While many studies have been performed on agricultural residues such as corn stover (Sheehan, Aden et al. 2004, Hsu 2010) and wheat straw (Kabel, Bos et al. 2007), much less attention has been given to woody feedstocks. For this LCA, several regionally important potential woody feedstocks are analyzed (hybrid poplar, hybrid willow, and mixed hardwood logging residues) as well as two herbaceous feedstocks (switchgrass monoculture, and a diverse prairie grass ecosystem). This LCA is directly driven by the requirements of the RFS and includes metrics for water and air quality, as well as global warming potential. Eutrophication potential was chosen as the most important measure for water quality, as the effects of fertilizer use in biomass cultivation generally dominate all categories of water quality. Particulate matter emissions were chosen as the most important measure for air quality, as this category has the greatest implication for human health.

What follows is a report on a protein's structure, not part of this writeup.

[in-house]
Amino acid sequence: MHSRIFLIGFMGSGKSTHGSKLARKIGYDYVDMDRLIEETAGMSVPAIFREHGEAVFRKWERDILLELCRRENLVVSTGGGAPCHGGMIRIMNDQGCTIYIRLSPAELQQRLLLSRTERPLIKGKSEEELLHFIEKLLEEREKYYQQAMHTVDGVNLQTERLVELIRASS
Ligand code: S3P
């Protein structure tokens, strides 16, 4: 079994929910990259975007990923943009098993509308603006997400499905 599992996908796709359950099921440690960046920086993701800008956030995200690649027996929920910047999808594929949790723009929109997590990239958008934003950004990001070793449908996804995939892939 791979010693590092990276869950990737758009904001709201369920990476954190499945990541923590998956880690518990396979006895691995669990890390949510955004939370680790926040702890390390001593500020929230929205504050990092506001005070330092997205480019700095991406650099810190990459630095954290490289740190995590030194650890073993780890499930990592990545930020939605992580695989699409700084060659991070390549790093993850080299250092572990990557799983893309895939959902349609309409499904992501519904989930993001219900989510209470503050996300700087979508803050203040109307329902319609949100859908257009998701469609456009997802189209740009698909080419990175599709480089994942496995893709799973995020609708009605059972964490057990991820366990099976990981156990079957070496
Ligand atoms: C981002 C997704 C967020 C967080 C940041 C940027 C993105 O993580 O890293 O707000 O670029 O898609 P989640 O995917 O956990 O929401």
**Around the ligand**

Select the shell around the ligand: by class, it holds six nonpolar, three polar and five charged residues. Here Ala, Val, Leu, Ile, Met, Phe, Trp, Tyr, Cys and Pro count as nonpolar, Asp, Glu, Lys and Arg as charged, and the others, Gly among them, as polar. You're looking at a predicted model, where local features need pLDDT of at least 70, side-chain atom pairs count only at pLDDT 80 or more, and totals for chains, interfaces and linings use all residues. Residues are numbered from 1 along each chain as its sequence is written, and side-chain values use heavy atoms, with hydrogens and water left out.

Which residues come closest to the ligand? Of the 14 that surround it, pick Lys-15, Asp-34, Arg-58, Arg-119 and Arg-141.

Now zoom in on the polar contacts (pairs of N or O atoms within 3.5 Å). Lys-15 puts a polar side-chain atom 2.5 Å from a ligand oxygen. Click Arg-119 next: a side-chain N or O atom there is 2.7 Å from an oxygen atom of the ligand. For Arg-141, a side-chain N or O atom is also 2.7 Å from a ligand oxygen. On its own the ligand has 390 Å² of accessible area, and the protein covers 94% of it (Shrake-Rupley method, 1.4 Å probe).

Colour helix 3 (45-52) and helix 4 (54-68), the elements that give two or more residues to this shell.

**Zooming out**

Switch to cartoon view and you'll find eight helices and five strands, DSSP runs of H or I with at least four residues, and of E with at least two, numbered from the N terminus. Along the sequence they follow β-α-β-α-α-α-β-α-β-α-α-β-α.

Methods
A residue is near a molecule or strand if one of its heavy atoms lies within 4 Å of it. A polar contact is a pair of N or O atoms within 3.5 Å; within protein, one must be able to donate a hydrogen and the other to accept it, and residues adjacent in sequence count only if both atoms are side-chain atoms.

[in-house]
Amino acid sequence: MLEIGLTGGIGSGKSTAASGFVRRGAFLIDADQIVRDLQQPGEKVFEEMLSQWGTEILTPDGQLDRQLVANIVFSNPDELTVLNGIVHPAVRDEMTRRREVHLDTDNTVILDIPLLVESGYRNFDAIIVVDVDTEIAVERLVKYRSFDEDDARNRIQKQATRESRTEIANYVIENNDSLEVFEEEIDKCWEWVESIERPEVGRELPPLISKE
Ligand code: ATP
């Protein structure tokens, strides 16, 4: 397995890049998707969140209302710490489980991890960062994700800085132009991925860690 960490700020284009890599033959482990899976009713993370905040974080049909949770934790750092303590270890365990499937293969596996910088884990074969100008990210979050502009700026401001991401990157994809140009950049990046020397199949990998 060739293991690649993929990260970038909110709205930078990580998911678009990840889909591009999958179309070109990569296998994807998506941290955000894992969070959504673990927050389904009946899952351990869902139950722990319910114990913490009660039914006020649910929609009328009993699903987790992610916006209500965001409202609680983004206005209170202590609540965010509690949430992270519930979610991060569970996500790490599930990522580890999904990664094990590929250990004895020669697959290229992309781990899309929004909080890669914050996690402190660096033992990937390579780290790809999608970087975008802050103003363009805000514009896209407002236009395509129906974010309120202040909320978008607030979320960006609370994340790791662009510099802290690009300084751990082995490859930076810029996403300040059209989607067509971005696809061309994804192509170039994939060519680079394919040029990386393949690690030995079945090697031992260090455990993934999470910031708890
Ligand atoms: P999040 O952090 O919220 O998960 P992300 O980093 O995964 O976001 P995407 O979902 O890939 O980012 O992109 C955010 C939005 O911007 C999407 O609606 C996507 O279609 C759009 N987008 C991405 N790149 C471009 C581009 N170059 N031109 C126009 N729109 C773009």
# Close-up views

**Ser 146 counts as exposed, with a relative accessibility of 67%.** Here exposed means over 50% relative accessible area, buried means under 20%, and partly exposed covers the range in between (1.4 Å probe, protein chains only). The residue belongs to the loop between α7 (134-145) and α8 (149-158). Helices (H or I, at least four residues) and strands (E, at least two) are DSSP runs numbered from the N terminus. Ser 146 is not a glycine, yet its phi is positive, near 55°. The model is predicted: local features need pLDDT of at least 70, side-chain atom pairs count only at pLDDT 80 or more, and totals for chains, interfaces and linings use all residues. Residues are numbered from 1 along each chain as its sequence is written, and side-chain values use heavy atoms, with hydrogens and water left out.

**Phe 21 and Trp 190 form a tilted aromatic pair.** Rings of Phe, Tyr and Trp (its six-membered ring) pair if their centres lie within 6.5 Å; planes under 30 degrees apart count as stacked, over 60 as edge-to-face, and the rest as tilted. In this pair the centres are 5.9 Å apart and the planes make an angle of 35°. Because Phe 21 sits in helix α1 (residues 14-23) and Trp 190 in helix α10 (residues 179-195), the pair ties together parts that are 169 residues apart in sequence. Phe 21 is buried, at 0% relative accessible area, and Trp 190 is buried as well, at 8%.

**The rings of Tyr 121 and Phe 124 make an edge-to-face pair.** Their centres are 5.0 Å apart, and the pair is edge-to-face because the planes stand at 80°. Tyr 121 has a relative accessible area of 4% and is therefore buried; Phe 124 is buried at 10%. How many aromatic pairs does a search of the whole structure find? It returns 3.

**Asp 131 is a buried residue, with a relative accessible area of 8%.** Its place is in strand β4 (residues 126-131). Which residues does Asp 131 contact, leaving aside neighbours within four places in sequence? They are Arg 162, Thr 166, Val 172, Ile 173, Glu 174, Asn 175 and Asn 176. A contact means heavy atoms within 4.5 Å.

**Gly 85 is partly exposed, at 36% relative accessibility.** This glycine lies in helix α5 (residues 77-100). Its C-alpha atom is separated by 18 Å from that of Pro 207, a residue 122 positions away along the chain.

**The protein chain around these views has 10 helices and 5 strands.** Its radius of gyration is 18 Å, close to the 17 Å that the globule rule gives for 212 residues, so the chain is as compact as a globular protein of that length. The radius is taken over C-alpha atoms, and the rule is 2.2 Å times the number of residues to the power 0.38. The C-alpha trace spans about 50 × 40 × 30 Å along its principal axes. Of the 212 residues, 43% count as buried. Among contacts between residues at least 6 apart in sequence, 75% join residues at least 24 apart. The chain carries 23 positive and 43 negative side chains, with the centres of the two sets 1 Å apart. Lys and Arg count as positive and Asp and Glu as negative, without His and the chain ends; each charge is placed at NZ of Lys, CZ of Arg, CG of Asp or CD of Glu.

SimaPro 7.2 and the EcoInvent database were used to model the process and assign environmental burdens. A co-product credit is assigned to the renewable electricity generated from the non-fermentable portion of the biomass. This electricity is modeled to displace grid electricity at the regional mix for the states of Michigan, Wisconsin, Minnesota, Iowa, and Illinois, which is derived approximately 70% from coal-fired power plants. Inputs and outputs for the conversion were based on the National Renewable Energy Laboratory Technical Report NREL/TP-510-32438 (Aden, Ruth, et al. 2002). The ratio of fuel to electricity produced from each feedstock was modified based on typical values for cellulose, hemicellulose, lignin, ash, and extractives for each feedstock. Table 1 below summarizes the results for Global Warming Potential, Eutrophication Potential, and Particulate Matter Emissions for the feedstocks analyzed.